I didn’t expect to encounter Seale again, but later events in the 1990s set in motion Israel-Syria feelers and intermittent peace talks, and when the Labor party prevailed in the May 1999 elections, prime minister-elect Ehud Barak indicated that he wanted to relaunch negotiations. It was Barak who asked my colleague Itamar Rabinovich, Israel’s preeminent Syria hand, to invite Seale to Israel to speak publicly. (Seale knew and respected Rabinovich, although the tie had been severed for a few years, after Rabinovich disparaged Seale’s Asad biography in a review.) I headed the Moshe Dayan Center at Tel Aviv University at that time, and that’s how I came to co-sponsor and co-chair Patrick Seale’s first and only public address in Israel. The date: June 9, 1999.
I’ll not forget the Seale-fest that ensued in the lead-up and sequel to his appearance. Everyone wanted to know Asad’s real redlines, and everyone assumed Seale was on a quasi-official mission to relay a message from Damascus. The media besieged us with requests to interview him. When he came to the university to speak, more than five hundred people packed the hall. He had audiences with Barak (a “red-carpet reception,” said one source), President Ezer Weizman (who gave Seale a Golan-must-go interview), and former prime ministers Yitzhak Shamir and Shimon Peres. Uri Saguy, a former head of military intelligence and Barak’s expected point man on Syria, took Seale to the Golan, where Saguy told Israeli settlers, with tears in his eyes, that “hard decisions may be coming.”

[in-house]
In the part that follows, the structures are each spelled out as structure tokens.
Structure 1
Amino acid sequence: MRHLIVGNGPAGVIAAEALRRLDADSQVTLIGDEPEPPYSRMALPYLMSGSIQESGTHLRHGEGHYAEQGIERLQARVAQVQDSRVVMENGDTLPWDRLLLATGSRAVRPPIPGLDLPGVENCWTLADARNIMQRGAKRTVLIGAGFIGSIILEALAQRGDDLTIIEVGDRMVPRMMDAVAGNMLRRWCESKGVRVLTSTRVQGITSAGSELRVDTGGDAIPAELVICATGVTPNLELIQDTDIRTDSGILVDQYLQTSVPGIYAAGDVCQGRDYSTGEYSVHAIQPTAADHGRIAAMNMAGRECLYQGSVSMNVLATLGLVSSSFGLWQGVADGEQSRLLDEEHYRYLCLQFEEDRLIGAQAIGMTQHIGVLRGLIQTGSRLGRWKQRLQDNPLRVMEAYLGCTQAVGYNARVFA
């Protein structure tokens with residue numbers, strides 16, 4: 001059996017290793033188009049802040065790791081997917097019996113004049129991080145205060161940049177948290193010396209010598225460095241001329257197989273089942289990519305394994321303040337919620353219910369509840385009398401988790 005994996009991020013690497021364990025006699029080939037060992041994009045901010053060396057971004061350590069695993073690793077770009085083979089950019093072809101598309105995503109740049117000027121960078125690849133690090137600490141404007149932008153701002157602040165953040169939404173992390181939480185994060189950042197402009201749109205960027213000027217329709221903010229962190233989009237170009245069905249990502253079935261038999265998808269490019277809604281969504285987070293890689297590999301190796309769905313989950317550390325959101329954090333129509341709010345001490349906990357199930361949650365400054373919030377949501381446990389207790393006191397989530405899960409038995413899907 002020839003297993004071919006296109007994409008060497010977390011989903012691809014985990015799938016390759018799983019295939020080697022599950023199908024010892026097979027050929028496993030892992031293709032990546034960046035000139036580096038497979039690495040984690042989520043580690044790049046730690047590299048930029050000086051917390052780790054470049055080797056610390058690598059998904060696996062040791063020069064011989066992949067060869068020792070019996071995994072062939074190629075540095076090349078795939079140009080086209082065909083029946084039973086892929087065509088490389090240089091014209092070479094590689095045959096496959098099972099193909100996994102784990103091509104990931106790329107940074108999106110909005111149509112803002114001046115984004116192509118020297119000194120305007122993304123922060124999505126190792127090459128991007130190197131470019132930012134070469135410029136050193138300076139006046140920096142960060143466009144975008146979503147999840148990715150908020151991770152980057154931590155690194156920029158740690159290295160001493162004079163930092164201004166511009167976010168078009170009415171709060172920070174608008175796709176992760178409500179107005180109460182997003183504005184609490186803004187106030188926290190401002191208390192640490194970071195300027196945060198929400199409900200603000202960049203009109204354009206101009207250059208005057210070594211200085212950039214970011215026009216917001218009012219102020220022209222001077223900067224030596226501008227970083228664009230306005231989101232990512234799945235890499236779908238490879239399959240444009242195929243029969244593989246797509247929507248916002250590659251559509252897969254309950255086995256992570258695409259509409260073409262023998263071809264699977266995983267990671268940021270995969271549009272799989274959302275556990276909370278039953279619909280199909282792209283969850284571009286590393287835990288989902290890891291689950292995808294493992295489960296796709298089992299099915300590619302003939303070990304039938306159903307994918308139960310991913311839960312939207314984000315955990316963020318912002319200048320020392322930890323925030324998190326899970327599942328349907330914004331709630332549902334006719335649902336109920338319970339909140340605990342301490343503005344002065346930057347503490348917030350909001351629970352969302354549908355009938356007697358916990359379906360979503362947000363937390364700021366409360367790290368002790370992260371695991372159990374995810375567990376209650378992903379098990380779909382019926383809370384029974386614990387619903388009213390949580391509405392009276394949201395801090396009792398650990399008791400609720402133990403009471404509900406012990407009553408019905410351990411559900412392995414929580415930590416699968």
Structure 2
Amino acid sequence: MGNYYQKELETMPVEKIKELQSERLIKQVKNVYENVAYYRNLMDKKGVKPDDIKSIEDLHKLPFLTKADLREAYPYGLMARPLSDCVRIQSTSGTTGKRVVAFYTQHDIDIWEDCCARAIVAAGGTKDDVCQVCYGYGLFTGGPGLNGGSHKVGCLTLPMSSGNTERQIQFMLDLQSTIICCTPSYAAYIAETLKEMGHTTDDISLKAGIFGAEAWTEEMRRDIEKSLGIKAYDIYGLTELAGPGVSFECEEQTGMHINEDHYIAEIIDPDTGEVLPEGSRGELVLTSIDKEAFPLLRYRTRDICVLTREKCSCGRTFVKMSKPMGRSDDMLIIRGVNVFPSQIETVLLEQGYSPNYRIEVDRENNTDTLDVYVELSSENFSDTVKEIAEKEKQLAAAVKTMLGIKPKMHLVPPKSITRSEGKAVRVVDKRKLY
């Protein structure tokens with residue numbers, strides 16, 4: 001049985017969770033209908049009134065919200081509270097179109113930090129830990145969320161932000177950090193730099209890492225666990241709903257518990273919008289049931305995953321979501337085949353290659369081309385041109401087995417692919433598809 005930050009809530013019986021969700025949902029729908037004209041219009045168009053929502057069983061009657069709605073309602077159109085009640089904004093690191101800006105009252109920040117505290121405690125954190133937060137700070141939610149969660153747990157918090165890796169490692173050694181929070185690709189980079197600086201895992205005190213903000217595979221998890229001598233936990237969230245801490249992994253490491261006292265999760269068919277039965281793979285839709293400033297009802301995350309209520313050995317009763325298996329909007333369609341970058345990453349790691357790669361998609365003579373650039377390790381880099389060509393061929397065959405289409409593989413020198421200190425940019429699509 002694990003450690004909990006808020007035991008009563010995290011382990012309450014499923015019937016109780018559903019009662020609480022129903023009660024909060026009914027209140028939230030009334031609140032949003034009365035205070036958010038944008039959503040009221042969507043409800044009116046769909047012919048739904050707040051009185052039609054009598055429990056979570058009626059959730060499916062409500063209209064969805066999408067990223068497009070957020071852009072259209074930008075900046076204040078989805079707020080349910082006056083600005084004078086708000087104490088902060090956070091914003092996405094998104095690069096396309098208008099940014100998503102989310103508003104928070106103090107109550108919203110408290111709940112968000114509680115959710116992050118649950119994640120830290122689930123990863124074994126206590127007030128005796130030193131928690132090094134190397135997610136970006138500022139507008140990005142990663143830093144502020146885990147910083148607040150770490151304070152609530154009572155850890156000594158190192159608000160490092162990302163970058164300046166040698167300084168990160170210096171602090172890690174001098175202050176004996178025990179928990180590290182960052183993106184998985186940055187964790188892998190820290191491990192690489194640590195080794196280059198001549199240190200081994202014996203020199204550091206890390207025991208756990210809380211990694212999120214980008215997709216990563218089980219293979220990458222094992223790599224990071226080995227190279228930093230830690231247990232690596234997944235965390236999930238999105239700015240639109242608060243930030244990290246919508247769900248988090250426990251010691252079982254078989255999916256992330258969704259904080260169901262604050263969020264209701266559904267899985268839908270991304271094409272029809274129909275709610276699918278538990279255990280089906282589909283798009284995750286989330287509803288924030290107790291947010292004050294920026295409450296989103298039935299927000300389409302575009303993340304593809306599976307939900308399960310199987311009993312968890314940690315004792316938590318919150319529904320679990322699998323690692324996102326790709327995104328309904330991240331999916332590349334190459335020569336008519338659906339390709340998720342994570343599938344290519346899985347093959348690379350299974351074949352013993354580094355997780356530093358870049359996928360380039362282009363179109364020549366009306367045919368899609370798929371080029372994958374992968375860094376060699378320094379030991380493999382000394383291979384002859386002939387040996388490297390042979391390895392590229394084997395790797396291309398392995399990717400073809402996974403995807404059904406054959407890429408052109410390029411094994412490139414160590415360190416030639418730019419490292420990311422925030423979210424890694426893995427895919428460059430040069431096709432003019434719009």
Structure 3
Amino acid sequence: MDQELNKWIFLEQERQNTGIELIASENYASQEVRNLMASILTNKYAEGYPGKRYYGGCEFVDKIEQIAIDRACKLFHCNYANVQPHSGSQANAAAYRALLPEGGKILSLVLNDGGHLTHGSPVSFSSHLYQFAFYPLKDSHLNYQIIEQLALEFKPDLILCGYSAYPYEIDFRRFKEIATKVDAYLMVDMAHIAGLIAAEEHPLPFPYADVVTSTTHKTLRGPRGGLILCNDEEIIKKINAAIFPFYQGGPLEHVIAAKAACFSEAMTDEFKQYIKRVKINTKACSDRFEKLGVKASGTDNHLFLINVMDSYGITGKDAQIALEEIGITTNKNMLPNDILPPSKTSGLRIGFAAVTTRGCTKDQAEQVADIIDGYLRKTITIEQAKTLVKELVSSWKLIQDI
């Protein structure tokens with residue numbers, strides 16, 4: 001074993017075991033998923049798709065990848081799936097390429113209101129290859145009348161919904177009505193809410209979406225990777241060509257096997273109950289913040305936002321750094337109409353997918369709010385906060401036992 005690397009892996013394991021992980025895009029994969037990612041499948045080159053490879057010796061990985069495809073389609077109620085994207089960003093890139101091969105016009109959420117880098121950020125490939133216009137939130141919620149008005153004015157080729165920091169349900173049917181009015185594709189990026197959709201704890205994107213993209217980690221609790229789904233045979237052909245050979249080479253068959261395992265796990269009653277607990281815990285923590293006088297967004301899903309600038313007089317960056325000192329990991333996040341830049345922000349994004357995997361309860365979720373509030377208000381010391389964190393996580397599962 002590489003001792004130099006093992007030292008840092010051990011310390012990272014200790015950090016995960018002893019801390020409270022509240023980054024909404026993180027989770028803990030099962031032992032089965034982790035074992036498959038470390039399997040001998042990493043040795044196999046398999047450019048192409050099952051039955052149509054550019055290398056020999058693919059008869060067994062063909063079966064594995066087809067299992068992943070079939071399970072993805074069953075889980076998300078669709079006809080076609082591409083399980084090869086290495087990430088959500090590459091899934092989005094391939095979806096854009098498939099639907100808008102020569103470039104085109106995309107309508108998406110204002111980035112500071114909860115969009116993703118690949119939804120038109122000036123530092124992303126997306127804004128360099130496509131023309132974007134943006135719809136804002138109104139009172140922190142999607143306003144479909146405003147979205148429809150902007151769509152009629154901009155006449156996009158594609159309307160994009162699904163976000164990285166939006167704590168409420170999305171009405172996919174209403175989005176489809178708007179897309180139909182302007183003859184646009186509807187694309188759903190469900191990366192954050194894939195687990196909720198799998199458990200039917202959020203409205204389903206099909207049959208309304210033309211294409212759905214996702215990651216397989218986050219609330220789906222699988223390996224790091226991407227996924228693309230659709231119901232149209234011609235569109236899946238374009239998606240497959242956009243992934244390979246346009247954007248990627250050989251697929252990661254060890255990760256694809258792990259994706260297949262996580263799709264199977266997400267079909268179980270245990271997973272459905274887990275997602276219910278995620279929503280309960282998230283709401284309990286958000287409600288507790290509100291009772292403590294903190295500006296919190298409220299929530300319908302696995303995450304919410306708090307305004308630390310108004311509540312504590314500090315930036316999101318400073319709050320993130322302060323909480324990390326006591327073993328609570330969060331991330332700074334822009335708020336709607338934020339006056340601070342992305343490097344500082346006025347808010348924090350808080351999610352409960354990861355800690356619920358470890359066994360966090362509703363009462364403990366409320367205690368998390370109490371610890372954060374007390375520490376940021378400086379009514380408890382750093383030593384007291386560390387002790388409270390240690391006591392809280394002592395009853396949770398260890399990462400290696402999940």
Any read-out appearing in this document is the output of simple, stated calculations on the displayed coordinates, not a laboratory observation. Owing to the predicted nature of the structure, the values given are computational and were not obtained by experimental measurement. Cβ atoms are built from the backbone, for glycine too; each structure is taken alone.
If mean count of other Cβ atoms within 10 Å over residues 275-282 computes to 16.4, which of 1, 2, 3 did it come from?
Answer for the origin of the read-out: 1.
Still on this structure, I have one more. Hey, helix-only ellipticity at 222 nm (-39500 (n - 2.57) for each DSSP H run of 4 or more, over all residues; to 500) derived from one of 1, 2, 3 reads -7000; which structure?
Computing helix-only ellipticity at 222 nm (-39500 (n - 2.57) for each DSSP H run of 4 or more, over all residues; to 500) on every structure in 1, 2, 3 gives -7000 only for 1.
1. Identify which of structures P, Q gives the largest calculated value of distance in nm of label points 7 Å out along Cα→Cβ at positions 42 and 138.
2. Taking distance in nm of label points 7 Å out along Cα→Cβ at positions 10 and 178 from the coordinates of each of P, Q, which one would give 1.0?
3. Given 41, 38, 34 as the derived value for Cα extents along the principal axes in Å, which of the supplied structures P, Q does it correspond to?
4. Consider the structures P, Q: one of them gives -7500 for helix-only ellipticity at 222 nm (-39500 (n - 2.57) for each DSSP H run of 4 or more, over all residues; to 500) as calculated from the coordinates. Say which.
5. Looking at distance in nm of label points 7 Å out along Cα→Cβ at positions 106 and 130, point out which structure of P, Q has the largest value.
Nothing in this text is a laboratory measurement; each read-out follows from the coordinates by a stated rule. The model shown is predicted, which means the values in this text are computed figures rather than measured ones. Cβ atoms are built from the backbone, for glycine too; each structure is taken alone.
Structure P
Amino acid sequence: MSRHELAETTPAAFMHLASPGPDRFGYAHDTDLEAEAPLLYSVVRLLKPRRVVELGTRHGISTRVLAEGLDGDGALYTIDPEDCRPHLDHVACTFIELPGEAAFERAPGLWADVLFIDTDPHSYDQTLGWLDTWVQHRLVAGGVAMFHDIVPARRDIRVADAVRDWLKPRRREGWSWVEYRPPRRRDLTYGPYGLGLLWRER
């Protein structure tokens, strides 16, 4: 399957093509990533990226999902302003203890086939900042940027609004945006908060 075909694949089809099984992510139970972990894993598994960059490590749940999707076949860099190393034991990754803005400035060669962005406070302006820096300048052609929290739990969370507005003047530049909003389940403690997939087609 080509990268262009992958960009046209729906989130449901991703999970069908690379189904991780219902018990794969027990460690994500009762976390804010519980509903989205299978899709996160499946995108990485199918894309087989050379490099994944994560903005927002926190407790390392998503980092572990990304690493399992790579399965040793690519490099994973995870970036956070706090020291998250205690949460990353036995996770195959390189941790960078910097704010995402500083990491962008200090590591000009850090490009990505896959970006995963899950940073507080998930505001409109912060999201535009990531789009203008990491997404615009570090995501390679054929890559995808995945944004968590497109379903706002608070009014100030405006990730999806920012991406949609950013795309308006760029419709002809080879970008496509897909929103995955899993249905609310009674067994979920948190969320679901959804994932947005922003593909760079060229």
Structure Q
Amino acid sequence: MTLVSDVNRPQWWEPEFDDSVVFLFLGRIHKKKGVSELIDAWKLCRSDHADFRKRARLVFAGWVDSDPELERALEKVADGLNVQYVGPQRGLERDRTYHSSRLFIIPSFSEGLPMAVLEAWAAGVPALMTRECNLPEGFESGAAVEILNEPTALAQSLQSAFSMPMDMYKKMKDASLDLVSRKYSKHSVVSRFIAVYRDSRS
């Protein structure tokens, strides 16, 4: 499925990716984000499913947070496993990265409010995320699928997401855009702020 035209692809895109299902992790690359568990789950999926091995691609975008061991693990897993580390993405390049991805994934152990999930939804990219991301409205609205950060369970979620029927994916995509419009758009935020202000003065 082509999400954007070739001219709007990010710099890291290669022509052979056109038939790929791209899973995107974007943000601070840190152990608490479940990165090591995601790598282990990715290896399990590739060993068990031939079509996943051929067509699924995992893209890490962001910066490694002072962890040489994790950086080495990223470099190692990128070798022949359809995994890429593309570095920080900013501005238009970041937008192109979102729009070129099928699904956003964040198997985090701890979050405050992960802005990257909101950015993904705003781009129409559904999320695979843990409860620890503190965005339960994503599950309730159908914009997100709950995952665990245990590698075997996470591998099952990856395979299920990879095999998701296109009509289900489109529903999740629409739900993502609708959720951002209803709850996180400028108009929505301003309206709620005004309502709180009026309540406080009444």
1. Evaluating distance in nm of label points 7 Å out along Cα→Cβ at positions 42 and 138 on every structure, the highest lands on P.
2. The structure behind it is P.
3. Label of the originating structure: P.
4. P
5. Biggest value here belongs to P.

Rabinovich was the go-to for these meetings, but I also found myself consumed with the management of Patrick Seale, media star, for the better part of a week. He was charming, diplomatic, and precise in his formulations, and he clearly enjoyed the limelight. Seale genuinely yearned to facilitate a breakthrough—on Asad’s terms, of course. Later that month, Seale published side-by-side interviews with Barak and Asad, in which they signaled hope for this and that. Seale denied being a go-between, but that’s exactly how Israelis regarded him.
It turned out to be a bridge too far, for reasons that will keep historians busy for years to come. When Asad died a year later and his son Bashar took over, Israelis concluded that Seale didn’t have the same access in Damascus that he’d had under the old man. Failure at Camp David, Intifada II, Barak’s departure, Ariel Sharon and George W. Bush, 9/11, and the Iraq war all pushed Syrian-Israel peace off the agenda, and put Syria on the defensive. Seale slipped into Israel-bashing on a scale unprecedented even for him. Read the columns yourself.
And that’s where my Seale story ends, but there’s a footnote. Whenever Seale came up in Israeli discussions, there usually would be a fair bit of winking and nodding about his ancestry. His father, a Russian Jew born (I think) in Jerusalem under the name of Ephraim Sigel, converted to Christianity, changed his name to Morris Seale, studied theology in Belfast (where Patrick was born), and became an ordained minister of the Irish Presbyterian Church. Sigel-Seale then went out as a missionary to Damascus, where Patrick spent his childhood. Nothing more excites speculation among Israelis than the discovery that a foreign friend or foe is a blood member of the tribe. (Albright, Kerry… it happens all the time.) Did Hafez Asad and his cronies know that their Patrick wasn’t purely Irish? Did it matter? How could it not? Etcetera—for what it’s worth. (Not much, I think.)